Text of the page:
10 amazing things about Antarctic krill
With beautiful black eyes, and otherworldly translucent pink bodies, Antarctic krill are alien-looking animals. And they’re a lot more than just whale food. To get to know them a bit better, we’ve pulled together a list of some of the best bits about these tiny shrimp-like ocean critters. Antarctic krill are massively important for the Antarctic Ocean, but they also happen to be fascinating animals in their own right.
- There are about 85 species of krill around the world, but by far the biggest and arguably most important on the planet is the Antarctic krill: they can grow to a gargantuan 5 or 6cm long, and live to be maybe 5 years old.
- They are ‘arthropods’, which means they have jointed bodies and lots of pairs of legs. The legs at the back end of the body are adapted for swimming, whilst those at the front are ideal for catching food.
- They are able to generate their own light – a fancy ability known as bioluminescence. That basically means krill swarms are one big pulsating crustacean disco party.
- They are the basis for the entire Antarctic food web, where they are eaten directly by penguins, seabirds, seals, fish, and whales. Anything in the Antarctic that doesn’t eat krill, probably eats something else that does. Blue and humpback whales migrate to the Antarctic from warmer waters every year just to feast on krill.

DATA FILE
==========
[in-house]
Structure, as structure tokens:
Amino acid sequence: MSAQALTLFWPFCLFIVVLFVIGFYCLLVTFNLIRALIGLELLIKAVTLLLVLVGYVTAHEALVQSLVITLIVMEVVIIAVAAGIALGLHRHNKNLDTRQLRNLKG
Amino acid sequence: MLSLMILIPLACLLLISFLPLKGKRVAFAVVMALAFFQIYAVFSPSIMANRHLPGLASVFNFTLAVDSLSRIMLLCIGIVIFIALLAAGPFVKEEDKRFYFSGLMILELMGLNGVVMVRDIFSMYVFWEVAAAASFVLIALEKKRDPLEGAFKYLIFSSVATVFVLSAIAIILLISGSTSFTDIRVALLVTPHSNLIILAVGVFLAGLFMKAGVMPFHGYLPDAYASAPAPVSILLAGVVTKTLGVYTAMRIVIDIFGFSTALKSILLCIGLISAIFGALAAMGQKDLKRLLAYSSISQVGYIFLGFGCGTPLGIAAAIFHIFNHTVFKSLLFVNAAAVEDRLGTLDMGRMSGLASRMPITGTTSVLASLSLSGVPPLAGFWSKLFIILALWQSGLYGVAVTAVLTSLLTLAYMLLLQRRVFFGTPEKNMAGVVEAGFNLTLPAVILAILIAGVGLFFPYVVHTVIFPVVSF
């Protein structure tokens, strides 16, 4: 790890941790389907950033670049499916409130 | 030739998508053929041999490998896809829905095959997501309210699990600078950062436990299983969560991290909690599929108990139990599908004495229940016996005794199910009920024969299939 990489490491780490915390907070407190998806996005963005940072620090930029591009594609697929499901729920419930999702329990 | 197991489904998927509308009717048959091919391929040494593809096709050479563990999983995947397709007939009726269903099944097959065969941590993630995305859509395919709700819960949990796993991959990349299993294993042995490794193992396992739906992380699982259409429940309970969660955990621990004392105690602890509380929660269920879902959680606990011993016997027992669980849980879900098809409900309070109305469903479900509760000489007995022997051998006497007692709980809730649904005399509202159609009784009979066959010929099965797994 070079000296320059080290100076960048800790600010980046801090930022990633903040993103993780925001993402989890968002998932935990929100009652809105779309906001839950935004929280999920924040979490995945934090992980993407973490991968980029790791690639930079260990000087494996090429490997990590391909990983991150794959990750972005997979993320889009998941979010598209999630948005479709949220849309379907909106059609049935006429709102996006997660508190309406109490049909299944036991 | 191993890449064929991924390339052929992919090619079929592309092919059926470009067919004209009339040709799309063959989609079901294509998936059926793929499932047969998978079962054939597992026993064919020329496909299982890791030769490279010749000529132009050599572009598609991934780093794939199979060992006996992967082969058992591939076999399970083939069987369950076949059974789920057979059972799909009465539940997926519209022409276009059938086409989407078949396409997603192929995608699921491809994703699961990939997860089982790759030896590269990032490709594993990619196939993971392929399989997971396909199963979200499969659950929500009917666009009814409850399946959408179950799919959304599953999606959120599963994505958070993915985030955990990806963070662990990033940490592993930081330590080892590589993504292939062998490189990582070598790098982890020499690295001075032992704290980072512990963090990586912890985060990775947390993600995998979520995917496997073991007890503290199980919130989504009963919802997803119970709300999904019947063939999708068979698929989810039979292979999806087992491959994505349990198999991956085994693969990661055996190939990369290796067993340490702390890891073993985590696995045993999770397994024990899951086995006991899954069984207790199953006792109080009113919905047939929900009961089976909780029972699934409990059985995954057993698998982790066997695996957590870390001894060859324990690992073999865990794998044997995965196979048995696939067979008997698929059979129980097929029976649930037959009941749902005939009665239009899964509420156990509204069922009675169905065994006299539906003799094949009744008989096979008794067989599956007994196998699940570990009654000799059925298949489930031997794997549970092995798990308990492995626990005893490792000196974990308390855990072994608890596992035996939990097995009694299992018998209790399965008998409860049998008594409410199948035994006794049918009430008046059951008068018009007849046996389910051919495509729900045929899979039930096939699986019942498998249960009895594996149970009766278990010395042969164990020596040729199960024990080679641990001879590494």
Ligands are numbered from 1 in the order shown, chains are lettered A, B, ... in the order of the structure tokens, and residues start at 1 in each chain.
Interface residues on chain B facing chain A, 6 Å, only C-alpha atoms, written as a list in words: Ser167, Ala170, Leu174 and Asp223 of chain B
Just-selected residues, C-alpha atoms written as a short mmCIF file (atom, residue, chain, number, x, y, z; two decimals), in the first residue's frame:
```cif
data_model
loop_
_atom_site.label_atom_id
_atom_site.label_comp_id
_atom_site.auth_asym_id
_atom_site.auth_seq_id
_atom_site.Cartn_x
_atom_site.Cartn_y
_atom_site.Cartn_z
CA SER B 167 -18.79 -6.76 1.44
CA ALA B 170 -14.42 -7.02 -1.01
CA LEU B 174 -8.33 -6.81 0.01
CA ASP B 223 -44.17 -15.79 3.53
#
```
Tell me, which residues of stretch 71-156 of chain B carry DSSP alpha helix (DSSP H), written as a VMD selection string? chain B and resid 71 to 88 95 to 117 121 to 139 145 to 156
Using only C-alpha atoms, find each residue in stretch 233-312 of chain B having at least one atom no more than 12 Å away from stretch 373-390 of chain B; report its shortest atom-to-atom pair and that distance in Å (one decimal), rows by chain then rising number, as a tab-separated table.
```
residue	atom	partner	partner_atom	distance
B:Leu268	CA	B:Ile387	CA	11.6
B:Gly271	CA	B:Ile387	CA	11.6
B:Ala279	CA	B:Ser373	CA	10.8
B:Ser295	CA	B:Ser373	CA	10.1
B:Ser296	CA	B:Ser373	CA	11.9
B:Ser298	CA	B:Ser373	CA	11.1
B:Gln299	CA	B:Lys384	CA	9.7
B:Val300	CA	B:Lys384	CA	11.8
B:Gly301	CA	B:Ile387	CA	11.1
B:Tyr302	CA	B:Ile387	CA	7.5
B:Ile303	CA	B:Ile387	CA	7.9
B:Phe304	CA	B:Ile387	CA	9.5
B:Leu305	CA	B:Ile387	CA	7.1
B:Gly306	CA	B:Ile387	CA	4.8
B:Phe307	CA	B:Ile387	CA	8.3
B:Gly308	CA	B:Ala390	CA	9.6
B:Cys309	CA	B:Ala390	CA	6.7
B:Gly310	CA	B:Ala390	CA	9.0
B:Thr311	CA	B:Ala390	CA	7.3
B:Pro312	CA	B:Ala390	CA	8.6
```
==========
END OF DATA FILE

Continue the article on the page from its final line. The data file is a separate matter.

- It’s easy to tell when penguins have been eating krill, because it turns their poo pink!
- Krill migrate up and down every day, between the safety of the depths during the day to the food-filled surface waters at night.
- They have sex near the seafloor. Foreplay for krill involves diving down several hundred metres first.
- Though tiny by human standards, krill swarm together in massive numbers, with as many as 30,000 animals in a cubic metre of a krill swarm.
- In a neat trick to avoid predators, it’s thought that krill have the ability to spontaneously moult their shell and make a quick getaway. When times are tough they can also shrink in size, conserving energy by staying smaller when they moult shells rather than growing ever bigger. Because of this, you can’t tell how old a krill is just by size.
- Antarctic krill are climate heroes! Scientists have recently discovered that krill play a vital role in capturing carbon and depositing it on the sea floor – thereby locking it up and keeping it out of the atmosphere.
Krill are awesome. They are also essential for all other life in the Antarctic Ocean, and much further afield too. But they are at risk from industrial fishing – being scooped up in their thousands to be made into Omega 3 pills and fish meal. This year, we have the chance to put a massive part of the Antarctic off limits as a protected ocean sanctuary.